• persistent threats about security

• making false accusations

• aggressive bodily posture or physical contact

• talking/shouting directly into someone’s face

• direct physical intimidation, violence or assault

The most serious incidents might result in:

• creating an unsafe working environment

• ignoring signs of overwork and extreme stress

• putting someone’s health physically, emotionally or psychologically at risk by making them upset, frightened and/or ridiculed

On the other hand it is important to distinguish between bullying, and behaviour that is reasonable in a particular context. For example, there may be occasions where shortcomings in performance are being addressed and more incisive behaviour is interpreted as bullying simply because the recipient is unused to being challenged or asked to account for their actions.

Counselling and dispute resolution

Mediation is often the best way of dealing with issues of bullying and harassment. Professional counsellors, trades unions, and professional associations are other useful sources of support for individuals. See appendix for further details.


It is Priory policy that these matters are to be treated with absolute confidentiality in order to protect all parties and that no action will be taken without the willing consent of the person who feels he or she has been a target unless someone is at risk or performing an action which is unlawful.

False accusation

False accusations are a serious matter. The behaviour of anyone who is found to have made an unfounded, malicious complaint or allegation will be regarded with the utmost seriousness .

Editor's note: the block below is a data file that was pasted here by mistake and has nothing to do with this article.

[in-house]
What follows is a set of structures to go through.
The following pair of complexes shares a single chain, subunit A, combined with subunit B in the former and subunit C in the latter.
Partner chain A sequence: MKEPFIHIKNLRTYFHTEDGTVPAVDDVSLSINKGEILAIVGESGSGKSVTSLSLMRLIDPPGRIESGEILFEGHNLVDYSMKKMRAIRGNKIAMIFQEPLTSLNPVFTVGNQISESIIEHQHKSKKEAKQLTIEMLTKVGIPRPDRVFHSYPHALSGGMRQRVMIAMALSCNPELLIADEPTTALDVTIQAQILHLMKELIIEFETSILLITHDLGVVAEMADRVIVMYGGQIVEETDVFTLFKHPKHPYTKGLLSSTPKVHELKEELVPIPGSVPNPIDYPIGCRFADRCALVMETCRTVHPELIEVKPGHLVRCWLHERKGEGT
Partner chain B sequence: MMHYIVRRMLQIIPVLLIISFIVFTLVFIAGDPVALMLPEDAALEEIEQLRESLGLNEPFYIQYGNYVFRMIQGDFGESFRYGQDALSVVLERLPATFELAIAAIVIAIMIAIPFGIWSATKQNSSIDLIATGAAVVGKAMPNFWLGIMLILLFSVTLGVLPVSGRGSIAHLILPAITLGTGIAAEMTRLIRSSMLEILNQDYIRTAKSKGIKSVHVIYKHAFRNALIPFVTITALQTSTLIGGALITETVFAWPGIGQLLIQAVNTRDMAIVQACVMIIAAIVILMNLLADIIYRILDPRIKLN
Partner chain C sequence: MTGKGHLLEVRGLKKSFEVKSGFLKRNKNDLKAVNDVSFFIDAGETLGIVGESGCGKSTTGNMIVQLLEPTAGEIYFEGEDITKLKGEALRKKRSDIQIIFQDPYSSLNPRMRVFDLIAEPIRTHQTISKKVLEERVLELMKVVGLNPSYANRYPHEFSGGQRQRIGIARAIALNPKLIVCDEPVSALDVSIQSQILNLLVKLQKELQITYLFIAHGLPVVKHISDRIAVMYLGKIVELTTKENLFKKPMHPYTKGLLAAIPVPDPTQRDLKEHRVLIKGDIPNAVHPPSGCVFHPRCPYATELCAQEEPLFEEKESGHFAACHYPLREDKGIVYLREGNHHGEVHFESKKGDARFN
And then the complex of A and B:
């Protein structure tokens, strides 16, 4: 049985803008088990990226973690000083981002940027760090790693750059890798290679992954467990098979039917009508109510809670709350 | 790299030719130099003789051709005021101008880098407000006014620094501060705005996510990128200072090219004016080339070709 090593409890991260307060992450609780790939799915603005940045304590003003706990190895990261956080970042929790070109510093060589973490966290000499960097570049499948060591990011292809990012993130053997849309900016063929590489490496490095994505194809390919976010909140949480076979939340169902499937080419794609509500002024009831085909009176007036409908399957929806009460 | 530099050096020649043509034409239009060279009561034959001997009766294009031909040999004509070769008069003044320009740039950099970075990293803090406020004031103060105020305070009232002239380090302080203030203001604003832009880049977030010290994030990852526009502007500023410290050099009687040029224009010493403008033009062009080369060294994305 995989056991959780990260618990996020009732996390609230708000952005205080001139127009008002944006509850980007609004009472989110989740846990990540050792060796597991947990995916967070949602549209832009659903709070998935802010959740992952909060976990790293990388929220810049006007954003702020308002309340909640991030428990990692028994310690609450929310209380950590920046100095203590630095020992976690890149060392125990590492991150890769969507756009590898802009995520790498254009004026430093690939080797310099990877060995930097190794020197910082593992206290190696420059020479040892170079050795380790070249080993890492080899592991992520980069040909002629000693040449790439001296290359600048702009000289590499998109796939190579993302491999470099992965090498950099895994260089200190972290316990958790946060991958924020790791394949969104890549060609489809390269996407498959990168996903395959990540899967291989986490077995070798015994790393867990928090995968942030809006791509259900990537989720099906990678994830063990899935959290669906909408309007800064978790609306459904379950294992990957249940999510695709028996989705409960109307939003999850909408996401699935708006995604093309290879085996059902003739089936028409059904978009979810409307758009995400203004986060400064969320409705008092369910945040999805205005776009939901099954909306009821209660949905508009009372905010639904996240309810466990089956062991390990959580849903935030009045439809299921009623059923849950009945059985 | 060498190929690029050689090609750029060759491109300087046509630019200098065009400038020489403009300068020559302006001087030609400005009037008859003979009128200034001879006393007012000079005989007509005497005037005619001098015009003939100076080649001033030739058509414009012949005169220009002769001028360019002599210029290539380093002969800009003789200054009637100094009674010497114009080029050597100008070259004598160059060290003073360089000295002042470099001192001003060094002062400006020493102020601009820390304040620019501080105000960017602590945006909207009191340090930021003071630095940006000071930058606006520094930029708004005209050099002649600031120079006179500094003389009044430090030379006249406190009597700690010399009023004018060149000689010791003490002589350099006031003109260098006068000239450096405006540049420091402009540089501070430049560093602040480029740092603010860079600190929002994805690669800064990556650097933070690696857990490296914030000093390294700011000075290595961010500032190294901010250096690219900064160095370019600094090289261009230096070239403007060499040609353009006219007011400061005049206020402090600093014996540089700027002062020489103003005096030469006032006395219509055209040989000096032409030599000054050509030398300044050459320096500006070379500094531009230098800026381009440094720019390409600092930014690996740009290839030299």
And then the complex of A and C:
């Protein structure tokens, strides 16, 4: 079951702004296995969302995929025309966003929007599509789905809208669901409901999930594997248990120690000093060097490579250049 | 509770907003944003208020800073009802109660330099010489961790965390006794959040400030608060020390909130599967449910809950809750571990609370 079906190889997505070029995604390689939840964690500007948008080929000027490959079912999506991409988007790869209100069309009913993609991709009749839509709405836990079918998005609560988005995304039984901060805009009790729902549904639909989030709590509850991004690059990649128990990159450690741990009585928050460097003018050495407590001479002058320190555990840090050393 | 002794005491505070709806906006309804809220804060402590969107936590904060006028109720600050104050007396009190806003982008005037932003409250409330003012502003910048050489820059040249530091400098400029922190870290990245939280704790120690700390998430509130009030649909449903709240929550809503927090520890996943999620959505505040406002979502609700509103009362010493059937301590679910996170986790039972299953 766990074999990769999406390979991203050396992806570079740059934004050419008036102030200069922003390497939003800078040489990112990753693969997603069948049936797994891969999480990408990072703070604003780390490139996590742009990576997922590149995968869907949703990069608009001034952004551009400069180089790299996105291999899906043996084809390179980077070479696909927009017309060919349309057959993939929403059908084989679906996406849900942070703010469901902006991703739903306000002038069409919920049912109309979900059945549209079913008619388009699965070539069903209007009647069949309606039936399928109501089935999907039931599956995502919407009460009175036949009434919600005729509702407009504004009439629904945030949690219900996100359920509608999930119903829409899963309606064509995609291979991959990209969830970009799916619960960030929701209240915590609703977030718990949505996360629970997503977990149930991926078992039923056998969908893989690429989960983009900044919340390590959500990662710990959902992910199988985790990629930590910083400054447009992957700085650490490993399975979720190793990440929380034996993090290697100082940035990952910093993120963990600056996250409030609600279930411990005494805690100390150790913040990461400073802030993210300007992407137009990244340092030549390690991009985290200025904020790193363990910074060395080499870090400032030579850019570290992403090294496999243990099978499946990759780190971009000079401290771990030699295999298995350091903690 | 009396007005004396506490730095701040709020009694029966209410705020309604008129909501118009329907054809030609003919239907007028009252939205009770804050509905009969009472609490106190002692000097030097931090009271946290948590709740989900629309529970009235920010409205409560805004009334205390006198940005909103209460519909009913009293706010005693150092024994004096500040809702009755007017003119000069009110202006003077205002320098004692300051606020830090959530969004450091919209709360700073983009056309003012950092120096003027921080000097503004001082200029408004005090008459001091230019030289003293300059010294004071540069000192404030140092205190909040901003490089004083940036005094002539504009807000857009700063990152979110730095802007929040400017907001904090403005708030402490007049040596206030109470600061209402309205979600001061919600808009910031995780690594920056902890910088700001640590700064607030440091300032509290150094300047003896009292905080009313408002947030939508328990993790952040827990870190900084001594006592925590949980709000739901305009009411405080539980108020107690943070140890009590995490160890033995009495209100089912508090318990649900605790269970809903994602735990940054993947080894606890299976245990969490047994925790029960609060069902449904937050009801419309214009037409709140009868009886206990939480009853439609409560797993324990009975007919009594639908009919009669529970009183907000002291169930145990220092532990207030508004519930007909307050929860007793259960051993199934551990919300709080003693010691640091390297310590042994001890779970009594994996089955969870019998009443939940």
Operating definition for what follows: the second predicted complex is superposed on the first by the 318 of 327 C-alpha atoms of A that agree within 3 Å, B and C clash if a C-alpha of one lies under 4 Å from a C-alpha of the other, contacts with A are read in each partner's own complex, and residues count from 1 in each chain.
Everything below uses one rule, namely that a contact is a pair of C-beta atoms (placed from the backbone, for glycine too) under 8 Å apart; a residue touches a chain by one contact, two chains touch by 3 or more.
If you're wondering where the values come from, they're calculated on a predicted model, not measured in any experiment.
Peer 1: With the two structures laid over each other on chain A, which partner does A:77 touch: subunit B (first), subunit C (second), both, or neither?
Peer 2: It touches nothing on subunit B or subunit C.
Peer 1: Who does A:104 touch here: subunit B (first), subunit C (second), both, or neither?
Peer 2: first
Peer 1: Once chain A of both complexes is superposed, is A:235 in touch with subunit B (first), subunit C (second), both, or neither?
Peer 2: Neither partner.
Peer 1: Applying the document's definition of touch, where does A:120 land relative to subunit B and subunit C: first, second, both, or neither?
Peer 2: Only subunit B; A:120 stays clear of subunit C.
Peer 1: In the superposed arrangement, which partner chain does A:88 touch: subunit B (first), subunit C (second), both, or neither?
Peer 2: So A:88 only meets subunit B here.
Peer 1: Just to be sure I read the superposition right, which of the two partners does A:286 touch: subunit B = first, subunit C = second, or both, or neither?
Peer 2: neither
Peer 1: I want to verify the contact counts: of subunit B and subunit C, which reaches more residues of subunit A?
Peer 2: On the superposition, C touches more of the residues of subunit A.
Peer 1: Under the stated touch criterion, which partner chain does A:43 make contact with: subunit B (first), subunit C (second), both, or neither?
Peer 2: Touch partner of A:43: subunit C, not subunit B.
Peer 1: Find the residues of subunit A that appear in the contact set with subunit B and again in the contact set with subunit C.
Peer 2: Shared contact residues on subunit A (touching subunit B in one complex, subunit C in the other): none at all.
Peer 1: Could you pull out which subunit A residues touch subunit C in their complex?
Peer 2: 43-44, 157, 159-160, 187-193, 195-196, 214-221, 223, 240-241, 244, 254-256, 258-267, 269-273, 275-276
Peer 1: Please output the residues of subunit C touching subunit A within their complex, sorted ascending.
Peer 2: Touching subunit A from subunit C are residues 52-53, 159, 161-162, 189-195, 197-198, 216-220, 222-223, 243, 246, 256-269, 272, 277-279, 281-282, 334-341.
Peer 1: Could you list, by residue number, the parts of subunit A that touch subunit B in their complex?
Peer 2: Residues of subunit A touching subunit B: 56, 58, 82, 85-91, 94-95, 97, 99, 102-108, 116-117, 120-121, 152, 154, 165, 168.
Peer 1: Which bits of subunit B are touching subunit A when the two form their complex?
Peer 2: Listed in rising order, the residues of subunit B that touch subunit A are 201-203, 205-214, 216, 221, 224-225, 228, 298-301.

A range of resources including further reading, sources of advice and training providers is available in ‘Dignity at Work’, Church House Publishing 2008 and /lifeevents/ministry/workofmindiv/dracsc/dignity/dignity.doc


Recommended Guidelines for Dealing with inappropriate behaviour.

When any incident of inappropriate behaviour occurs, the following steps are recommended. These steps are without prejudice to the legal rights and responsibilities of the individuals involved.

  1. Making a note of the incident

In the event of an incident of inappropriate behaviour the people involved are strongly advised to write down exactly what happened, when, where and in the presence of whom. Such a record should include any words used and witness statements if possible and should be made as soon as possible after the alleged incident occurred.

  1. Initial informal response

The first step in response to an incident is for the person affected to consider requesting the alleged perpetrator(s) either orally or in writing not to repeat that behaviour. The person affected might go to the perpetrator alone or with a friend, or follow up with a friend if a one-to-one approach does not work. It is hoped that many incidents will be resolve with understanding and respect in this way.

  1. Formal Resolution

If such a response does not lead to a satisfactory outcome; or if the person affected does not wish to confront the alleged perpetrator; or if the person affected thinks that a more significant response is required, then further action is necessary. At this stage, the person affected might wish to consult a friend or colleague for advice. Where relevant they might wish to take advice on their legal rights.



All Sisters, employees, and volunteers have personal responsibilities for up-holding the principles of equal opportunity and helping others to achieve the aims of this Policy.

last reviewed 2.3.23



Sr Carol:

Phone no.


01328 821 647